On the bright side, even though the shares rose sharply before our option contracts expired, our loss is still limited to the $3,000 in premiums we paid at initiation on 1 May. The profit potential on a long put is also limited as a share cannot fall below zero.

While long puts can be used for speculative reasons, they are well suited for hedging the risk of a decline in the conventional portfolios and shares that we hold.

Consider the situation of a fund manager who is compelled by their mandate to always hold a certain percentage of a portfolio in equites during all market conditions, including bear markets.

Gains from long-put positions can be a welcome relief, offsetting at least some of the losses from conventional shareholdings.

At other times, rises in the value of our traditional holdings can easily counterbalance the contract premiums paid for our put options.

Low probability

It may all sound too good to be true, but the probability of an option contract being ‘in the money’ and providing us with a profit in its own right is typically only 25%.

The probability is a function of the volatility of the option and the length of the contract; the higher both these factors are, the more likely it is that the strike price on the long-put contract will be reached.

When it comes to options, volatility could be thought of as our friend – higher share price volatility increases our chances of making a profit. In a low volatility situation, when an underlying share price remains virtually unchanged, we´ve still lost the option premium that we paid at the initiation of the contract.

However, the cost of contracts on stocks with higher volatility will also be greater, reducing our potential for profit.

Buying contracts on stocks with lower volatility, but which we believe hold strong potential for share price movement due to events, can prove to be better value.

Some stocks are a lot more volatile than others, with ‘beta’ commonly used as a measure of share price volatility.

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For instance, a share with a beta of 0.9 could be thought of as being 10% less volatile than the market average. A share with a beta of 1.2 is theoretically 20% more volatile than the market.

Short selling

Like long puts, short selling enables us to profit from downward movements in share prices. As with puts, the potential gains are limited because a share price cannot fall below zero.

However, unlike using puts, the potential losses from short selling are theoretically unlimited.

To initiate a short-selling trade, we must borrow shares and then sell them in the market. If the share price drops as we hope, we can then buy them back at a lower price.

This price difference forms the basis of our profit from the trade. However, if the share price rises sharply, we are fully exposed to the resulting losses.

If the price does rise significantly, we could be compelled to provide additional margin (the money a broker requires as security for a trade) in addition to the initial margin we would have had to post at the outset of the trade.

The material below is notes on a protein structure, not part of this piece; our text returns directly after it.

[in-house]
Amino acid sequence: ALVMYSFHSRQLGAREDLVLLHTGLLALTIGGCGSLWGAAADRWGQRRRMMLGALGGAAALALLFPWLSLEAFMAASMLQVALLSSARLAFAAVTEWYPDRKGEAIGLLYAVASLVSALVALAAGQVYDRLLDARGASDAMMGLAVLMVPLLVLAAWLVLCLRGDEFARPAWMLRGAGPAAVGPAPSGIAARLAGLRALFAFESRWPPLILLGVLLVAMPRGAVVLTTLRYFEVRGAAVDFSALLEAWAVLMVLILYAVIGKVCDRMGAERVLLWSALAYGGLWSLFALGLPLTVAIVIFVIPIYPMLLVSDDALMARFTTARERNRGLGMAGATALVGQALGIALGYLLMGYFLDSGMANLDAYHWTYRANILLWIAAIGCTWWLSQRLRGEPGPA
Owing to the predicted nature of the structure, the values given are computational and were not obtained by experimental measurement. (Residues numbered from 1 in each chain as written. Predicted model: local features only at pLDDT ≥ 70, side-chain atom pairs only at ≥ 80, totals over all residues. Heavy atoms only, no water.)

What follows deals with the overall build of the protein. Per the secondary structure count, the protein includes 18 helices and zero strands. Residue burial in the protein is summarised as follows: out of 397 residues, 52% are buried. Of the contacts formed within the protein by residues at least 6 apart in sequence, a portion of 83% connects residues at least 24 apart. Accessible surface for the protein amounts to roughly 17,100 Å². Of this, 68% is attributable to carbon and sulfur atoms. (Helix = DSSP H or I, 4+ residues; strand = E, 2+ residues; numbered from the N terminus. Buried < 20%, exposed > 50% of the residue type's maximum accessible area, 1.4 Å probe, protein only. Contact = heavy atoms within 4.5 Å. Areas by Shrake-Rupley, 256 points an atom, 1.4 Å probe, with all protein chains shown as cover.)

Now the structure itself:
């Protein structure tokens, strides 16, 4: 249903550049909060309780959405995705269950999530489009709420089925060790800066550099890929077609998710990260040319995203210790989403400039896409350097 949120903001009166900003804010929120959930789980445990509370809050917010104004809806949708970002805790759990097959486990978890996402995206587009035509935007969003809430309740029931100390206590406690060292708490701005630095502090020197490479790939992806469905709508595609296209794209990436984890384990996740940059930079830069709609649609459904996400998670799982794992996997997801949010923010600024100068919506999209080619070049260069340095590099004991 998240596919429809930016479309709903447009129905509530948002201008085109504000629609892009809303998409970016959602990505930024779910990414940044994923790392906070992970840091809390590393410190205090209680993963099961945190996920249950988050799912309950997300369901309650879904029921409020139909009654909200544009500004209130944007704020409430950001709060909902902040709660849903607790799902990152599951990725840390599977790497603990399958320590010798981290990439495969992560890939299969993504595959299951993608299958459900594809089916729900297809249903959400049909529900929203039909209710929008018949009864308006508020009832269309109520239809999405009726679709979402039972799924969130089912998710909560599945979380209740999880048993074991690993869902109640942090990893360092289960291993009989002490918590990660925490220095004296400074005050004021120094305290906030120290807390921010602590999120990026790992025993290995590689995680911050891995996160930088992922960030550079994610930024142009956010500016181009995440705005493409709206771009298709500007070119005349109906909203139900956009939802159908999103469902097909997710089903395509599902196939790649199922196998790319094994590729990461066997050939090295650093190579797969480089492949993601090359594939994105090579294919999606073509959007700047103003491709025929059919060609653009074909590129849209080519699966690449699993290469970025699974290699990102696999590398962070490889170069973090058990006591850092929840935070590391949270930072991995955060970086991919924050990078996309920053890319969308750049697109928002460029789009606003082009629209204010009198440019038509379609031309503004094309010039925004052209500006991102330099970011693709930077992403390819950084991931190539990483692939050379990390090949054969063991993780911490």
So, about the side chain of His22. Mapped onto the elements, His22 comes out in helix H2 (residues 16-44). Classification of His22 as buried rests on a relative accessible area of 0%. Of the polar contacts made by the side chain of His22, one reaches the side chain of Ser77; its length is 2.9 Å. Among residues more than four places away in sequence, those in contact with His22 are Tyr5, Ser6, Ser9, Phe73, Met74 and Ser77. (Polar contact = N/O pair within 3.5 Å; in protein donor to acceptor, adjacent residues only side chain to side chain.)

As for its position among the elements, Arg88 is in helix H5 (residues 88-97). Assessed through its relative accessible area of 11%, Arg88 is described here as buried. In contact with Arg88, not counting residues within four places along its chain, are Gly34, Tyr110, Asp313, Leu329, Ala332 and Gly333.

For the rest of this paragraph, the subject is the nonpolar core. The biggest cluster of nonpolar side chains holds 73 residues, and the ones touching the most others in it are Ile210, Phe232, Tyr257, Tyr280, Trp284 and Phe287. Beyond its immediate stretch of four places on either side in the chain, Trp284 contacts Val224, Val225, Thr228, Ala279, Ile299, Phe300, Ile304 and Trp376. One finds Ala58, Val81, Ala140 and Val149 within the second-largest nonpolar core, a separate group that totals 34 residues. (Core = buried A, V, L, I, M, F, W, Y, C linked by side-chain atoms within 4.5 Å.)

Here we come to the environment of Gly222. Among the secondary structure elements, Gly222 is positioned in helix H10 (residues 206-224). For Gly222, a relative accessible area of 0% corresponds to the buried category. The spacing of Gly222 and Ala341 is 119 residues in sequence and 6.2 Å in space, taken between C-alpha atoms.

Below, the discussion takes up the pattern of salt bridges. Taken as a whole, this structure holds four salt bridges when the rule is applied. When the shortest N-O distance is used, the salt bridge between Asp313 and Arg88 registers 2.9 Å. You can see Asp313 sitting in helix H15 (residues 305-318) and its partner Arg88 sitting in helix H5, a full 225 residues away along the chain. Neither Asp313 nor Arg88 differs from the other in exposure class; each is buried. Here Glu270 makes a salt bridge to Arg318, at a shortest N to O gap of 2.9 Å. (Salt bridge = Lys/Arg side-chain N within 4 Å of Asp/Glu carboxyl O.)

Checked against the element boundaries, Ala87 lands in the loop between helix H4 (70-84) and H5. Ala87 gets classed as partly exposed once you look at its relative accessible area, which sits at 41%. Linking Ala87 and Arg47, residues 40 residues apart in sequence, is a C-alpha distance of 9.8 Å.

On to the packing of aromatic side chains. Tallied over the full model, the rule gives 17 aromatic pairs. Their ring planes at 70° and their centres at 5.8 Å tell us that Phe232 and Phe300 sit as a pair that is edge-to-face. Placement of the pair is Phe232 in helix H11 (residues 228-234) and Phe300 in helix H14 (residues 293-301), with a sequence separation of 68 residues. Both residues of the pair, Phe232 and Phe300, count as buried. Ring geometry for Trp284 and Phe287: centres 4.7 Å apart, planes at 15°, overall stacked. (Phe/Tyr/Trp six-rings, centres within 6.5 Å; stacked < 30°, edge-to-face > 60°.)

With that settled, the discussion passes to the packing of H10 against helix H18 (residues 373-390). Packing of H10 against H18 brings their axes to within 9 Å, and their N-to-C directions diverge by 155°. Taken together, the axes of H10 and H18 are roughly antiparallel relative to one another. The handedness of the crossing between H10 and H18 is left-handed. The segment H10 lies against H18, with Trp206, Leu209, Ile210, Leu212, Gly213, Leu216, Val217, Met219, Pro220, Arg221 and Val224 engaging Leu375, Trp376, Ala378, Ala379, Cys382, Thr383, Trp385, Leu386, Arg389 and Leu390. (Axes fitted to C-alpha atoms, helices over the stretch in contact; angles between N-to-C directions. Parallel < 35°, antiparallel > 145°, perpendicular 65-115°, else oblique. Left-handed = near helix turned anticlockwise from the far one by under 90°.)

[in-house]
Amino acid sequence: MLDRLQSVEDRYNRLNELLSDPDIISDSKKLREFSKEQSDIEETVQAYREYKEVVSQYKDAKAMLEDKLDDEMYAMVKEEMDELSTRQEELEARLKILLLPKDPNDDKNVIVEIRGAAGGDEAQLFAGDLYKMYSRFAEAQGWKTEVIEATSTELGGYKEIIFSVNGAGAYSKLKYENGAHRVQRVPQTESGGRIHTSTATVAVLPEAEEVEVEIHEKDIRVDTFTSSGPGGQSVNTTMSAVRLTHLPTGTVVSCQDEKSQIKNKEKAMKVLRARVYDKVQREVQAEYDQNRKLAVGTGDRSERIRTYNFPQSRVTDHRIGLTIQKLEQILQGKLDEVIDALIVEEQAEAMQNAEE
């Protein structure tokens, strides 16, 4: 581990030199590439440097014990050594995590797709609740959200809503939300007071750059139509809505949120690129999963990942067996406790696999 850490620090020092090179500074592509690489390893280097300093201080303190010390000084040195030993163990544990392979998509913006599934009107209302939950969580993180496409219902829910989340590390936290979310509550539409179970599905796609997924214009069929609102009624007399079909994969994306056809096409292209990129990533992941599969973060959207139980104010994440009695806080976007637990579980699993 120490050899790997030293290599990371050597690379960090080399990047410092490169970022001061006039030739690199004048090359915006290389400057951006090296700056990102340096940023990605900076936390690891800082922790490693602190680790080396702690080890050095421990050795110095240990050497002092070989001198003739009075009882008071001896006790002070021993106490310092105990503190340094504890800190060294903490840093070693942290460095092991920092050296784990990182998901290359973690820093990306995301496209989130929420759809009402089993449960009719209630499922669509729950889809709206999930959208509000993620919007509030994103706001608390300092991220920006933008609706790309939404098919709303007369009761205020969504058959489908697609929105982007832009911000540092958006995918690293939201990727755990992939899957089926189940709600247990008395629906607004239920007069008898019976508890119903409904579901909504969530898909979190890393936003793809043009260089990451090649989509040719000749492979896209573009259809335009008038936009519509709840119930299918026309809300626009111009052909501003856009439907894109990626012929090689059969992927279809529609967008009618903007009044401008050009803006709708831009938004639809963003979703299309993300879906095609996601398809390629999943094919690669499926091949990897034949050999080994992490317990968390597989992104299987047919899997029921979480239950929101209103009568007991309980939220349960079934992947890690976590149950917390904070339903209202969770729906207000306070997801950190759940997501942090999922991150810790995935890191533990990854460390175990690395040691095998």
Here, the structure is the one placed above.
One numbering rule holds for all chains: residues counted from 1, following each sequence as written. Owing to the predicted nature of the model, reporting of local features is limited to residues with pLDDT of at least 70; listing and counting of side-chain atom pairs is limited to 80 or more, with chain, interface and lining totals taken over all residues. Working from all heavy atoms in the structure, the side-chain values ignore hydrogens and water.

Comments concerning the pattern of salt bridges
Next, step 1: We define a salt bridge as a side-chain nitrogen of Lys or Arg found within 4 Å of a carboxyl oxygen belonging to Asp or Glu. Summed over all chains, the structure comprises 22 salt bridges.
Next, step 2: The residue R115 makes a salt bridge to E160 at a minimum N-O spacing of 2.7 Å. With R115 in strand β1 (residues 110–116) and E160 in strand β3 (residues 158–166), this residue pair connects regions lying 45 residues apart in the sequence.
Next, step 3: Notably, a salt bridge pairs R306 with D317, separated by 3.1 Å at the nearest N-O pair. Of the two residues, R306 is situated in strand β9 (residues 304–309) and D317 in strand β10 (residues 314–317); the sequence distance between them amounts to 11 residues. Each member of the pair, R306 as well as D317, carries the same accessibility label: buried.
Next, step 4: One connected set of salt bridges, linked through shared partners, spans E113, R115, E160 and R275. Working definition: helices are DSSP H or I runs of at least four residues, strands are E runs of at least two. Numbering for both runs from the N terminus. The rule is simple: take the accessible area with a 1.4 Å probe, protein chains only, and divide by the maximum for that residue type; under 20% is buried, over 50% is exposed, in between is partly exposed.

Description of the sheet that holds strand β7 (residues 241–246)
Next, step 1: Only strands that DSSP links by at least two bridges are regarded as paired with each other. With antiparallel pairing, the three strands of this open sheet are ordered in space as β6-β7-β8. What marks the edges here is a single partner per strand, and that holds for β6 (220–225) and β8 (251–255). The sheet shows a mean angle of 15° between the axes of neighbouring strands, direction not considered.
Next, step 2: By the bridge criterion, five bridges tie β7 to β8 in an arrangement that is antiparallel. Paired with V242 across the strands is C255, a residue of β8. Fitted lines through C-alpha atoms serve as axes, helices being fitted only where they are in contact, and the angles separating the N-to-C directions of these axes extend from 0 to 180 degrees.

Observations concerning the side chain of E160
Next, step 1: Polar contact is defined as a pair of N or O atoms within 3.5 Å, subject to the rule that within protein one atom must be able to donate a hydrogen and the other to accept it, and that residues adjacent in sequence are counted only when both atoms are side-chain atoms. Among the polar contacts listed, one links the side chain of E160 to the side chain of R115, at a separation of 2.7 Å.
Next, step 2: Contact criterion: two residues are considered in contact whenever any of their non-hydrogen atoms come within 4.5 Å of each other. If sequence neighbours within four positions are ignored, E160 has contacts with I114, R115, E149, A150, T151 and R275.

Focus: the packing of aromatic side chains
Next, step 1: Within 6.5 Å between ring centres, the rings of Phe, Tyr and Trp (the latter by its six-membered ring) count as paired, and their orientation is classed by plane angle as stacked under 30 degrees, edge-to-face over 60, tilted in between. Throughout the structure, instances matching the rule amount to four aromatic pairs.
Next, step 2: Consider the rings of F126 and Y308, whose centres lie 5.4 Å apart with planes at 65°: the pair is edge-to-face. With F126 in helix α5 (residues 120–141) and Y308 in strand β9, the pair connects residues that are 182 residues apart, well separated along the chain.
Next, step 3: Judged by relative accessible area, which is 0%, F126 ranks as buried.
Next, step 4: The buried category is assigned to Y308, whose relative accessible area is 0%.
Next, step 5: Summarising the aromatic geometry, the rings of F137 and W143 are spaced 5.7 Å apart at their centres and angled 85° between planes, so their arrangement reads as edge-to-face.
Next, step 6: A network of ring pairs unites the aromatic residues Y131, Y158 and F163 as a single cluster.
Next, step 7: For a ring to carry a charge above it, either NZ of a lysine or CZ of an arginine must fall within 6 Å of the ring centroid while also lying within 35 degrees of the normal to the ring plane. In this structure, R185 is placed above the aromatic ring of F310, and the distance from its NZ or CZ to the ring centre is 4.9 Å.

Margin of error

One advantage of put options is that there is no such margin (borrowing) requirement involved. Typically, 50% of the total sale amount must be posted as margin at initiation of a short-selling trade.

This equates to $80,000 if we had sold short 1,000 shares in DriverlessCar Company when the share price was at $160 on 1 May.

If the share price had fallen to $140 as in the earlier example, our potential profit from short selling would have been:

($160 – $140) x 1,000 = $20,000

If the shares had subsequently risen to $185, our paper loss from short selling would have been:

($185 – $160) x 1,000 = $25,000

In this scenario, the put option contracts appear much more favourable as our losses were limited to $3,000.

Short selling entails less risk when the security being shorted is a market index or an exchange-traded fund (ETF). This is because individual shares carry much more potential for sharper movements.

Regulations have been imposed in recent years to make short selling more transparent. Some of the larger short-sale positions of financial institutions can be viewed on regulators´ websites.

*excludes cost of borrowing stock short or any interest payable on margin account.

Time advantage

On the flip side, short selling offers the advantage of time. Unlike with a put, there is no time limit on the trade, provided of course that we can keep funding any additional margin requirements that may be due to the broker.

While the holder of a put option´s losses are strictly limited to the contract premiums they pay at initiation, an option is highly likely to expire out of the money.

In contrast, the short seller could choose to wait it out if they believe the share price will fall in the long term. While being significantly more expensive than long puts, and with much higher potential losses, the short seller gets the advantage of time.

Short selling or long puts?

Both short selling or long puts can be used either to speculate or as a means to hedge risk.

Due to the risks involved, short selling should only be contemplated by sophisticated investors with deep pockets.

As the risk of loss from a long-put contract is limited to just the premiums paid at initiation, put options are likely to be much more suitable for the average investor.

To learn how short selling can work for your trading strategy watch our video:

Stock options trading: get call and put options ‘in the money’

As the name would suggest, options trading can provide investors with greater choice and flexibility.

Options are a type of derivative that can be used to make money from both rises and falls in asset prices. They can be used for speculation or as part of a strategy to control risk.